HTC has been on something of an odd streak lately. Last month it announced the Desire 22 — a mid-ange smartphone with ties to the metaverse and NFTs. Now, HTC is rolling out the A101 tablet, a device proudly running on Android 11 in the year 2022. While that alone would be odd enough, the rest of the A101’s specs are straight out of 2017 (and HTC doesn’t seem to know that it’s behind the curve).
The marketing for the A101 is bizarre. According to HTC, the tablet is “powered by a massive 8GB RAM,” which simply isn’t a “massive” amount of storage. In 2022, it’s the industry standard. And as flagship devices from Apple, Samsung, and Google start moving toward 16GB, 8GB is beginning to be left behind. Similarly, HTC boasts the A101 as having “vast internal storage” despite capping out at 128GB (and being expandable up to 256GB). While those storage options aren’t bad, they’re on the low end of the industry standard as other competing tablets offer storage of up to 2TB. HTC also boasts about the 12nm Unisoc SCT618 processor, despite modern chipsets now using the faster and more efficient 4nm design.
The A101’s cameras aren’t much to write home about either, although HTC’s marketing suggests otherwise. It describes the tablet’s 16MP main camera and 2MP ultrawide as “trailblazing.” Those two lenses certainly aren’t bad, but based on the cameras available on just about every other competing tablet, the A101’s offerings are far from “trailblazing” as HTC would like you to think.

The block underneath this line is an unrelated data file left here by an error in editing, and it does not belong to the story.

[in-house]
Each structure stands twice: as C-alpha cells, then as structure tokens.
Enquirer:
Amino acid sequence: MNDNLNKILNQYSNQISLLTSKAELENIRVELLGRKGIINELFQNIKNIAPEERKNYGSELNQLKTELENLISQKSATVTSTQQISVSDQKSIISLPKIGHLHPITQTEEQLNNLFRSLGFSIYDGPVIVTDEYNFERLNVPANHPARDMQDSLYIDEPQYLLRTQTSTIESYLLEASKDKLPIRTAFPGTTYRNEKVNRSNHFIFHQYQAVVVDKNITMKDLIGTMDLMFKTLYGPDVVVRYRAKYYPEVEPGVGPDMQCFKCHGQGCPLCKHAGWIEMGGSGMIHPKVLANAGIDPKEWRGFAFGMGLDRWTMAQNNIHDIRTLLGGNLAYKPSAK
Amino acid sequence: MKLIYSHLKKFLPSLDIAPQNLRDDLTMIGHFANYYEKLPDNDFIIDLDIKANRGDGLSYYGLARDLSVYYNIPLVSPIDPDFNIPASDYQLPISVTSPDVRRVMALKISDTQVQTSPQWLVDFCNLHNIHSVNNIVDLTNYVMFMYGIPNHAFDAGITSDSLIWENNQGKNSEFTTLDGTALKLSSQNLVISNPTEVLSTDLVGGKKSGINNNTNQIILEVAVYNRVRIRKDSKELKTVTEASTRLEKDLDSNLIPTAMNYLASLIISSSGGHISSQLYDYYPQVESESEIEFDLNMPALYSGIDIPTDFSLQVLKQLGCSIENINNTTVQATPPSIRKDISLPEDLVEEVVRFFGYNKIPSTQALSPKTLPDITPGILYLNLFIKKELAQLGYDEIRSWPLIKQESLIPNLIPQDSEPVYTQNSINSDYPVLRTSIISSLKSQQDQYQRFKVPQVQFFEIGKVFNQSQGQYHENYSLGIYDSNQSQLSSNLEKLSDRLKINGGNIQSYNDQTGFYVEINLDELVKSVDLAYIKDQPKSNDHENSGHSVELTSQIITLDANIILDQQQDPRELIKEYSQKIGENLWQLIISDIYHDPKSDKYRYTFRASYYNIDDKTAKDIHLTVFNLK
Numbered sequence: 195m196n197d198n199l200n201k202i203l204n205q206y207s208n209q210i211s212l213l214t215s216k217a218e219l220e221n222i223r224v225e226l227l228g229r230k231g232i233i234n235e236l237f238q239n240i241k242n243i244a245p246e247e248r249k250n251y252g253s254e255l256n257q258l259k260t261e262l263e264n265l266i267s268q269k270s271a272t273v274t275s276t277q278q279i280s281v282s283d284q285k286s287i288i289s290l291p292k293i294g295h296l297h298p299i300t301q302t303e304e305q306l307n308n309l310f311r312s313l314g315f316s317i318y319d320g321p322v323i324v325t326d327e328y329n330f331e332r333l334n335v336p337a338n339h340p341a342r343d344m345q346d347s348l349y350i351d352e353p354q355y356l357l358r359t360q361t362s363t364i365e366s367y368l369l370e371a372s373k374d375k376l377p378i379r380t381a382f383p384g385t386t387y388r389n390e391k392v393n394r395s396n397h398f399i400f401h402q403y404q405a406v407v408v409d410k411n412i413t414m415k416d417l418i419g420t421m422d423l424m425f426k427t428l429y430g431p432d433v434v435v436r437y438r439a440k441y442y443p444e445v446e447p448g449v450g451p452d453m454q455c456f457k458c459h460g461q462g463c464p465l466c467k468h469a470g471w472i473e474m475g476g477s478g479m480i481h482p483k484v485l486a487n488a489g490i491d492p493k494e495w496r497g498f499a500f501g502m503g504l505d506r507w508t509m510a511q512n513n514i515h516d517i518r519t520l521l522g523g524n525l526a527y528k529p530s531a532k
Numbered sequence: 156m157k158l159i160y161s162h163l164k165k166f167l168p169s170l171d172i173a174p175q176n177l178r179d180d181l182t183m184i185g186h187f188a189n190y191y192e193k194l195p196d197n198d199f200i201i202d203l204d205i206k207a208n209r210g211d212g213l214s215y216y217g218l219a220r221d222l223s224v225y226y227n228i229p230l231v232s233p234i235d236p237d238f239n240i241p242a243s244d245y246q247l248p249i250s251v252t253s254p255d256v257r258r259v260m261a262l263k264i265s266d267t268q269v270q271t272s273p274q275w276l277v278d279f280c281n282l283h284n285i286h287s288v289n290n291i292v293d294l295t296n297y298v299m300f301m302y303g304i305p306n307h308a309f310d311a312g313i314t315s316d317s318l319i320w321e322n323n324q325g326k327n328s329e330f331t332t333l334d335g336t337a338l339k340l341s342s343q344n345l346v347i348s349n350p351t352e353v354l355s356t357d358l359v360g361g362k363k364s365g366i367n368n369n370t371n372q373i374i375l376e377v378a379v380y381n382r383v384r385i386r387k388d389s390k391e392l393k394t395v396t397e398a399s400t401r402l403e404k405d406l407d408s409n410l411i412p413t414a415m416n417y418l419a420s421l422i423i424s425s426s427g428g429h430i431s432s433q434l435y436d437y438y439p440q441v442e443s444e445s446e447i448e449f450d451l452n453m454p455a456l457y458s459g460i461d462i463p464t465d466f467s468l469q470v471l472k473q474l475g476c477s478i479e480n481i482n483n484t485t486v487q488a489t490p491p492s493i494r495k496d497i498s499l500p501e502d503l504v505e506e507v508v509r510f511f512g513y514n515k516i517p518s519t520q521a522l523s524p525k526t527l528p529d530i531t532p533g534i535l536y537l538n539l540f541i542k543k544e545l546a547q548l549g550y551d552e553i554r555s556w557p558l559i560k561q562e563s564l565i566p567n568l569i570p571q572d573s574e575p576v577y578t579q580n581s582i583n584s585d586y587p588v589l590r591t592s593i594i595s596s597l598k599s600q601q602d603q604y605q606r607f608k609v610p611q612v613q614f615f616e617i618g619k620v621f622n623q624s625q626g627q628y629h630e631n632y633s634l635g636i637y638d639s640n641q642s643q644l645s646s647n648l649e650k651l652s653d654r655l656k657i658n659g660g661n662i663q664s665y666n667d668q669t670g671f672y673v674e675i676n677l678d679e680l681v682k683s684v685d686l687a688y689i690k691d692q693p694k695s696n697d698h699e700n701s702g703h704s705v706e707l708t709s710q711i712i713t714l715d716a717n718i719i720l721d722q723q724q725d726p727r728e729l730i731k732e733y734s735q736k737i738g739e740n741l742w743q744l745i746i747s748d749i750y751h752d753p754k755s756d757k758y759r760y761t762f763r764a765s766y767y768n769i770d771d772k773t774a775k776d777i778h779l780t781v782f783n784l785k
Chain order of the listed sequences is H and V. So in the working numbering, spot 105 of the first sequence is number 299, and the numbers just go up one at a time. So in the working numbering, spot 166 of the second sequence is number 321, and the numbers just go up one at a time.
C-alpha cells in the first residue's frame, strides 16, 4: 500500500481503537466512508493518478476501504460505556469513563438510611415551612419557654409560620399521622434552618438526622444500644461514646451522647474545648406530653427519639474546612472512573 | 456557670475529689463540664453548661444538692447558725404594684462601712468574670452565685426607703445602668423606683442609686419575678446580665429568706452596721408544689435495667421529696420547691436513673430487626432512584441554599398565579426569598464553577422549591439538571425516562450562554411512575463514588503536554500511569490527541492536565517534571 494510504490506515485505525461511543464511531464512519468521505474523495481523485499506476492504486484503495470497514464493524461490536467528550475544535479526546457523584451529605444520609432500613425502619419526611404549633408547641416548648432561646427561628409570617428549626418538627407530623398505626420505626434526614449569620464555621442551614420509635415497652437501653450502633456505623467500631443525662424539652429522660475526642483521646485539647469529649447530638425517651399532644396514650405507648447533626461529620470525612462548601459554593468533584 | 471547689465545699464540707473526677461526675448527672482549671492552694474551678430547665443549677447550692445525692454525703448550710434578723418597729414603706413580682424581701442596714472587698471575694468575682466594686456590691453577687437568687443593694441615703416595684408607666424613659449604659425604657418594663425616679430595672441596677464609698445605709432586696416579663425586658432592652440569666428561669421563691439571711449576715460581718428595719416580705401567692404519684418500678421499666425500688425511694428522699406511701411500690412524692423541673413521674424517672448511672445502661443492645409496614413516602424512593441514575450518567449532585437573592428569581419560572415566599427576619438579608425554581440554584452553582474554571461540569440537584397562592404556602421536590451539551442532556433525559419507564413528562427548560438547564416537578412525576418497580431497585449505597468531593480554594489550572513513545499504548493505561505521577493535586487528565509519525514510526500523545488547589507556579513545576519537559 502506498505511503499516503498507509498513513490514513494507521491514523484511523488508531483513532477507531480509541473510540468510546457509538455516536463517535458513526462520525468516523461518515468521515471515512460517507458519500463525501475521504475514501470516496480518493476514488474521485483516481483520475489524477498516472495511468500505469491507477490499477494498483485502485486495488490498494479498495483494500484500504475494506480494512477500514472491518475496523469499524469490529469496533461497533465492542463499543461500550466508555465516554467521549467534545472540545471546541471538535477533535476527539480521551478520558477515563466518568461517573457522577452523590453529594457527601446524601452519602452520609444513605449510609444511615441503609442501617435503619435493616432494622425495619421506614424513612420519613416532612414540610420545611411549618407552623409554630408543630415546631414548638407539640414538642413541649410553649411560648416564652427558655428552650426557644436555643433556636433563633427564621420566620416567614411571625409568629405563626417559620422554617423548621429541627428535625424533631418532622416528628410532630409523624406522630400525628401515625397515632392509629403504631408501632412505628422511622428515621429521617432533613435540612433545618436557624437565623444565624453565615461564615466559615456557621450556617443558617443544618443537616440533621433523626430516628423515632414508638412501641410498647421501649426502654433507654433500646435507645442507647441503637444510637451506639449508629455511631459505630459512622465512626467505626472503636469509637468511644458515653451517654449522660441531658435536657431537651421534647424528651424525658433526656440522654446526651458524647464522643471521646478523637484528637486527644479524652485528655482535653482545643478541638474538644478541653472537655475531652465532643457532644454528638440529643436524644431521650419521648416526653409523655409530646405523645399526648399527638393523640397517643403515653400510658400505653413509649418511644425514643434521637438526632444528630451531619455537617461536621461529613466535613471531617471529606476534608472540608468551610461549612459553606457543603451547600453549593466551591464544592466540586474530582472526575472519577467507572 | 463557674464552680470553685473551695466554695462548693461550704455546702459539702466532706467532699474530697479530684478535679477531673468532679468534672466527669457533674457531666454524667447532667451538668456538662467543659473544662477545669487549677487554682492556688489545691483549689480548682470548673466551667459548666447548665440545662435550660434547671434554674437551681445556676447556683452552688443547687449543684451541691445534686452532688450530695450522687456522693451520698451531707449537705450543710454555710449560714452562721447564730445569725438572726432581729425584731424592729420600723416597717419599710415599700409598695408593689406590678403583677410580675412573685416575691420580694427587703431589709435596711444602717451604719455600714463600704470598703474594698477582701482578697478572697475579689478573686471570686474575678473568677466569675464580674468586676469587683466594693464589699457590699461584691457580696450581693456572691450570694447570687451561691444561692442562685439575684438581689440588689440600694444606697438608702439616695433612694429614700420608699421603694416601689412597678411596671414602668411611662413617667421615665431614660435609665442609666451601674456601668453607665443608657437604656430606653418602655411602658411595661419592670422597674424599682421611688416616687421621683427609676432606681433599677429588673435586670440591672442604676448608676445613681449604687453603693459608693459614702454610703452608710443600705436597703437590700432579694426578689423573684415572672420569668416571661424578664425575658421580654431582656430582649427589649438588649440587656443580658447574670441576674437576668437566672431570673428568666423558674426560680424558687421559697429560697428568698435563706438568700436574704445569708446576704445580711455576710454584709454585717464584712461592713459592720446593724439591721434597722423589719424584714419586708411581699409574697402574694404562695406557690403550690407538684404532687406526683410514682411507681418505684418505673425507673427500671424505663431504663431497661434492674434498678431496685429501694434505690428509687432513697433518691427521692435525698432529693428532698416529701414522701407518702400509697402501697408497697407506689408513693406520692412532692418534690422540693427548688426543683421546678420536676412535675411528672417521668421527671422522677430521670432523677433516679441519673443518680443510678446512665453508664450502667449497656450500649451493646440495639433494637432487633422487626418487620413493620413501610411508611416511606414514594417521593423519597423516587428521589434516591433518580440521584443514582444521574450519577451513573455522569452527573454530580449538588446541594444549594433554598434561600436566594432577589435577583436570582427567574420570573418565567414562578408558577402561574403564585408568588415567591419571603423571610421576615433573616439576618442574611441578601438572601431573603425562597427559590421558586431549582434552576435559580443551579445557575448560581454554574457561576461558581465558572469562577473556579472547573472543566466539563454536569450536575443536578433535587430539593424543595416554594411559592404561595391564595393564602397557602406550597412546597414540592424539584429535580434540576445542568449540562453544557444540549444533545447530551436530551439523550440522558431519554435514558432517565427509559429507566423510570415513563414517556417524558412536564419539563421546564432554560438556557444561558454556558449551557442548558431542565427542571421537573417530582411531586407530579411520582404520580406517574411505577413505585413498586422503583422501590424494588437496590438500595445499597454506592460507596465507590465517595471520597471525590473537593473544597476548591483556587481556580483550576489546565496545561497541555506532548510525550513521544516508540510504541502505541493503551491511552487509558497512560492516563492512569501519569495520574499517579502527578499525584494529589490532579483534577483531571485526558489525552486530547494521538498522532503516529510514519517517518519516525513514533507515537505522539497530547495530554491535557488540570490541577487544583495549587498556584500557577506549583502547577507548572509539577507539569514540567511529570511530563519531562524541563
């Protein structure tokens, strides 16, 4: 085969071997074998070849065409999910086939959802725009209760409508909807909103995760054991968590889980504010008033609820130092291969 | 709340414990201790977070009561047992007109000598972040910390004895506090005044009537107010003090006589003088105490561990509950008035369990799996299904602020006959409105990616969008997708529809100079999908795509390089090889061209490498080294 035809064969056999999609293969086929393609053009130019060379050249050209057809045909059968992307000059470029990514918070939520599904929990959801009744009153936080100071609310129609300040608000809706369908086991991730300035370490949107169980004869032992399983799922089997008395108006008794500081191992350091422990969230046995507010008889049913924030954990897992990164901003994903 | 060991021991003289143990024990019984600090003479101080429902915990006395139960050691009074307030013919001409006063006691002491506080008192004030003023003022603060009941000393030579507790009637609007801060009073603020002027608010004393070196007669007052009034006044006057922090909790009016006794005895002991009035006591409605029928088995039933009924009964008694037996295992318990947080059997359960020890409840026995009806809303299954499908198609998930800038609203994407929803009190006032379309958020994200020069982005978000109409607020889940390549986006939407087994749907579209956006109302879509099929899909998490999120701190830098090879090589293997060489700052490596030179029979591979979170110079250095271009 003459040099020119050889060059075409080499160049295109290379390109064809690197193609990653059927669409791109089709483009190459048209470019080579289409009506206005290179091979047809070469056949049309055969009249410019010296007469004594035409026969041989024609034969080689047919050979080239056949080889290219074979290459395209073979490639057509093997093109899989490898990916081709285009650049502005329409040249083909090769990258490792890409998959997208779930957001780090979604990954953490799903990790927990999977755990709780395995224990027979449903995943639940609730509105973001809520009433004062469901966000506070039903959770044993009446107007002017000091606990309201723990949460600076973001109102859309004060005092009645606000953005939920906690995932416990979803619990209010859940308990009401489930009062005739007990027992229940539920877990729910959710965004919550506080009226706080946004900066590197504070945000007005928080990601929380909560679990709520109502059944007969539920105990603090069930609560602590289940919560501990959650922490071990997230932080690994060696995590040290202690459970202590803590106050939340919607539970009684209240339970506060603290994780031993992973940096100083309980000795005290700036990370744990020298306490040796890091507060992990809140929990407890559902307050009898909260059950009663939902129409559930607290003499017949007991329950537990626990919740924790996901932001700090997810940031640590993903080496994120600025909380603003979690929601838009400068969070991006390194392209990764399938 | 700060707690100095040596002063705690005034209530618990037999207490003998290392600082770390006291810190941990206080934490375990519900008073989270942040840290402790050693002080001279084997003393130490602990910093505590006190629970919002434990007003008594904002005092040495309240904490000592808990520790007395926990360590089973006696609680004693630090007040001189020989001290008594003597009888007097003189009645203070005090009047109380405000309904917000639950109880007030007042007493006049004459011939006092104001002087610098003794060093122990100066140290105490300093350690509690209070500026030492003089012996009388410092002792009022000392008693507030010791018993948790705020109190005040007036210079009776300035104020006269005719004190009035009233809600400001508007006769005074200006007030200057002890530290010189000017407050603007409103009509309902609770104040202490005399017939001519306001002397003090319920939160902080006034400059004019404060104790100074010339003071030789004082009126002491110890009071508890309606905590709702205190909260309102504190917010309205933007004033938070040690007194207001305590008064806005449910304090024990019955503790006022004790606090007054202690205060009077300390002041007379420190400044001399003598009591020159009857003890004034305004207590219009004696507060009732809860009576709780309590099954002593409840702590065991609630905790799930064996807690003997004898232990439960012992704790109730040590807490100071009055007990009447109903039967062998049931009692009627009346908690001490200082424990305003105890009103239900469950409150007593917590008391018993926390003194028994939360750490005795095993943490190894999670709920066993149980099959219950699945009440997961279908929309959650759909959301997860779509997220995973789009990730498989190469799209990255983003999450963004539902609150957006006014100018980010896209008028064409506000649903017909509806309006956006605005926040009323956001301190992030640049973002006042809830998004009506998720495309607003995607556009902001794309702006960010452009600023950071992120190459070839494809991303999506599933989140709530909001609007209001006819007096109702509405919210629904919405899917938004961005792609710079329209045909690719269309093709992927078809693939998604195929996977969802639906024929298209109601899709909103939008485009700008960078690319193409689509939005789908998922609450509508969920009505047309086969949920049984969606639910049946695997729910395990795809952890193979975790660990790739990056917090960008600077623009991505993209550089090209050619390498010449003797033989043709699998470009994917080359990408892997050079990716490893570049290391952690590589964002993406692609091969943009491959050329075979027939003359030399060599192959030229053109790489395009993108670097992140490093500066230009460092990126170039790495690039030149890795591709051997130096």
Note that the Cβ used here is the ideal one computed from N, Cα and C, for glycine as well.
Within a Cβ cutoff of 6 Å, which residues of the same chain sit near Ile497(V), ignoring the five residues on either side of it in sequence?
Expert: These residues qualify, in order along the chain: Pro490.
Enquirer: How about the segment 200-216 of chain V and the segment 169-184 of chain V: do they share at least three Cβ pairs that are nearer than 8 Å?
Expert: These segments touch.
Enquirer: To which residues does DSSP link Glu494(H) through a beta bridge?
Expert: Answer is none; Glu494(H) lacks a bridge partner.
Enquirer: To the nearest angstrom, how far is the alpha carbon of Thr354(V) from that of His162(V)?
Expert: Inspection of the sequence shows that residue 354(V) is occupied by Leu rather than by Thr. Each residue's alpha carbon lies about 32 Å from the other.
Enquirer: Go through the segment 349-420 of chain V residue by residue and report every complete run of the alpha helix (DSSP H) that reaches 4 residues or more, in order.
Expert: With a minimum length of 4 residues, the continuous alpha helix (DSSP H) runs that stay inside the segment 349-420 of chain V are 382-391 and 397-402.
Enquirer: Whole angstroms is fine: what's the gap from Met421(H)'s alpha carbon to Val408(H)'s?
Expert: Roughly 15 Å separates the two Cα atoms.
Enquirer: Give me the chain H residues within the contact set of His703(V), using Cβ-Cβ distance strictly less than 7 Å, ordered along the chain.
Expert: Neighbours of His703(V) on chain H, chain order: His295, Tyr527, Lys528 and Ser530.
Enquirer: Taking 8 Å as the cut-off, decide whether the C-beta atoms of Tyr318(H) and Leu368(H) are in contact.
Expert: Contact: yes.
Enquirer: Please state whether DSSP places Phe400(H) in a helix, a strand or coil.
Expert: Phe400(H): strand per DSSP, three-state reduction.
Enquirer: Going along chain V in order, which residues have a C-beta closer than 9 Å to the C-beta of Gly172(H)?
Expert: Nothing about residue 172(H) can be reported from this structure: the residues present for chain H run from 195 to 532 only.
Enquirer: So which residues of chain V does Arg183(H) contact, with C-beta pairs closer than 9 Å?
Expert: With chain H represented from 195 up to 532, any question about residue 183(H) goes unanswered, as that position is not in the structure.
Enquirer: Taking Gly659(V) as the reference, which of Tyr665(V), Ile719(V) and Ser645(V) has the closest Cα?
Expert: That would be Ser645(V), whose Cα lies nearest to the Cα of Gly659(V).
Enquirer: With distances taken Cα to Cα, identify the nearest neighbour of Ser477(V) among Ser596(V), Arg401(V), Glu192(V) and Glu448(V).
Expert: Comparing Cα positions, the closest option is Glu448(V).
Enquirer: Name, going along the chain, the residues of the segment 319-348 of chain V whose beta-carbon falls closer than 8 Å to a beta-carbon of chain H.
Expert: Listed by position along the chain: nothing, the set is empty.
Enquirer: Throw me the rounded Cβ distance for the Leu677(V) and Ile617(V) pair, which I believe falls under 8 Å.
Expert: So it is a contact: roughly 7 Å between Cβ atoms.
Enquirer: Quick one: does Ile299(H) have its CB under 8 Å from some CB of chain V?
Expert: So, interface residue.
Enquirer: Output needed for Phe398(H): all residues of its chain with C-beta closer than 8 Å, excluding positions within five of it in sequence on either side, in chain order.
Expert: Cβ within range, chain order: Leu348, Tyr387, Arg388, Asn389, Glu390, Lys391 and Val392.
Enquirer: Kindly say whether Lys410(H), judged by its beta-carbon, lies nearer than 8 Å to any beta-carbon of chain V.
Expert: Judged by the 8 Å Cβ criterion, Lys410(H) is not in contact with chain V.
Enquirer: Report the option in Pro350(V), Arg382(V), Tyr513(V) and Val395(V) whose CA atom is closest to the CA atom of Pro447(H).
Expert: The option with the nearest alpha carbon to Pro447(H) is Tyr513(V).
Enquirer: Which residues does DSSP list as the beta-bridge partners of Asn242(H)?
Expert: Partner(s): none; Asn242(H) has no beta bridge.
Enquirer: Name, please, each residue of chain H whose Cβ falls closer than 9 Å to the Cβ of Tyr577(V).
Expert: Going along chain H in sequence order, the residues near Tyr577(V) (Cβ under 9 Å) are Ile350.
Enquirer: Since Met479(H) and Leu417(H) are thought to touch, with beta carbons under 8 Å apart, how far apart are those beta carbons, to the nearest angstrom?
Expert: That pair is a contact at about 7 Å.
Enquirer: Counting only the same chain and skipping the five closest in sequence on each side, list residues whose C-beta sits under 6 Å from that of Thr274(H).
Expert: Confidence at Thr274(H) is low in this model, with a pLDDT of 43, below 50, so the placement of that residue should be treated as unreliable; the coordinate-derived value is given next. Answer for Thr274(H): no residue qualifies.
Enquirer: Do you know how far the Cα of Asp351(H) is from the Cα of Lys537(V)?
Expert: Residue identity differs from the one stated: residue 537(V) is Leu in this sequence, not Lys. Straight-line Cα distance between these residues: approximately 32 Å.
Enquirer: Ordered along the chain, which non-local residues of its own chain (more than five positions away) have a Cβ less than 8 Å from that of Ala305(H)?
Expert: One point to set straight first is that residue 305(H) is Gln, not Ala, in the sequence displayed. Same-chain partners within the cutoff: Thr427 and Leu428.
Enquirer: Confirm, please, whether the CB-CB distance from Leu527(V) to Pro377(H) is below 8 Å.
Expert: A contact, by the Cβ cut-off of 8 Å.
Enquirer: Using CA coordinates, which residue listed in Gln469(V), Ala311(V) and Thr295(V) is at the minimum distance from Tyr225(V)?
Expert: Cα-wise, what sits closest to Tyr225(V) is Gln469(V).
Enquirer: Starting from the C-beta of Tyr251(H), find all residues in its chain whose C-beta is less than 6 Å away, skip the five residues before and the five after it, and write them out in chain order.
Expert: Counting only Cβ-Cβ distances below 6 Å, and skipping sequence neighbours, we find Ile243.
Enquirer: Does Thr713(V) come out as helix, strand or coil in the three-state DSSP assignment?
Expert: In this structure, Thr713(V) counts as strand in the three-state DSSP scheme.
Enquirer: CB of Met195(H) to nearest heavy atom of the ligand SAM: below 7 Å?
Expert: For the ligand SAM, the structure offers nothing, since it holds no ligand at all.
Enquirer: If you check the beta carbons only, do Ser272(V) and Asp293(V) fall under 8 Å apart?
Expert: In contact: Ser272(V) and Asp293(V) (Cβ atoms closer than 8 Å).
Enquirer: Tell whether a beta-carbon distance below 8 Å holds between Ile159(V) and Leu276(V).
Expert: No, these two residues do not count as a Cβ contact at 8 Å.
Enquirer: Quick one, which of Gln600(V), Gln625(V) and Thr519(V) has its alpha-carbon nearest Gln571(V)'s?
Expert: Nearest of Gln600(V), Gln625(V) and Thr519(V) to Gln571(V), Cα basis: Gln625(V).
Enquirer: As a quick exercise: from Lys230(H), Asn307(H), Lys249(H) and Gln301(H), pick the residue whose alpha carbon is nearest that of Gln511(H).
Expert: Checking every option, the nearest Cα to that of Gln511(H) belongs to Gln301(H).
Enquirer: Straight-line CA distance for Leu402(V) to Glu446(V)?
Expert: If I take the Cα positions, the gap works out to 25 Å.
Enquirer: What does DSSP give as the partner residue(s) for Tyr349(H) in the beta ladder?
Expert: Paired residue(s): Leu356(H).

A quick glance at the tablet’s specs should tell you that the HTC A101 is simply a midrange tablet with poor marketing, but the fact that it’s running on Android 11 raises a major question: Who’s going to buy this? With Android 12L, Google has taken plenty of steps to improve the user experience on tablets, and the upcoming Android 13 update is meant to put them front and center in terms of upgrades and usability. Because the A101 will be running on Android 11, all of the new exciting things about owning an Android tablet won’t be offered.
It seems the only way the HTC A101 will be able to compete is if it has a competitive price. But even that isn’t the case. The tablet’s price of 20,990 rubles in Russia converts to around $350 in the U.S – making it more expensive than a baseline iPad. Add it all together, and an argument in favor of the A101 becomes near impossible to make.
If you showed us the HTC A101 five years ago, it could potentially be one of the best devices on the market. But in 2022? It’s basically a dinosaur.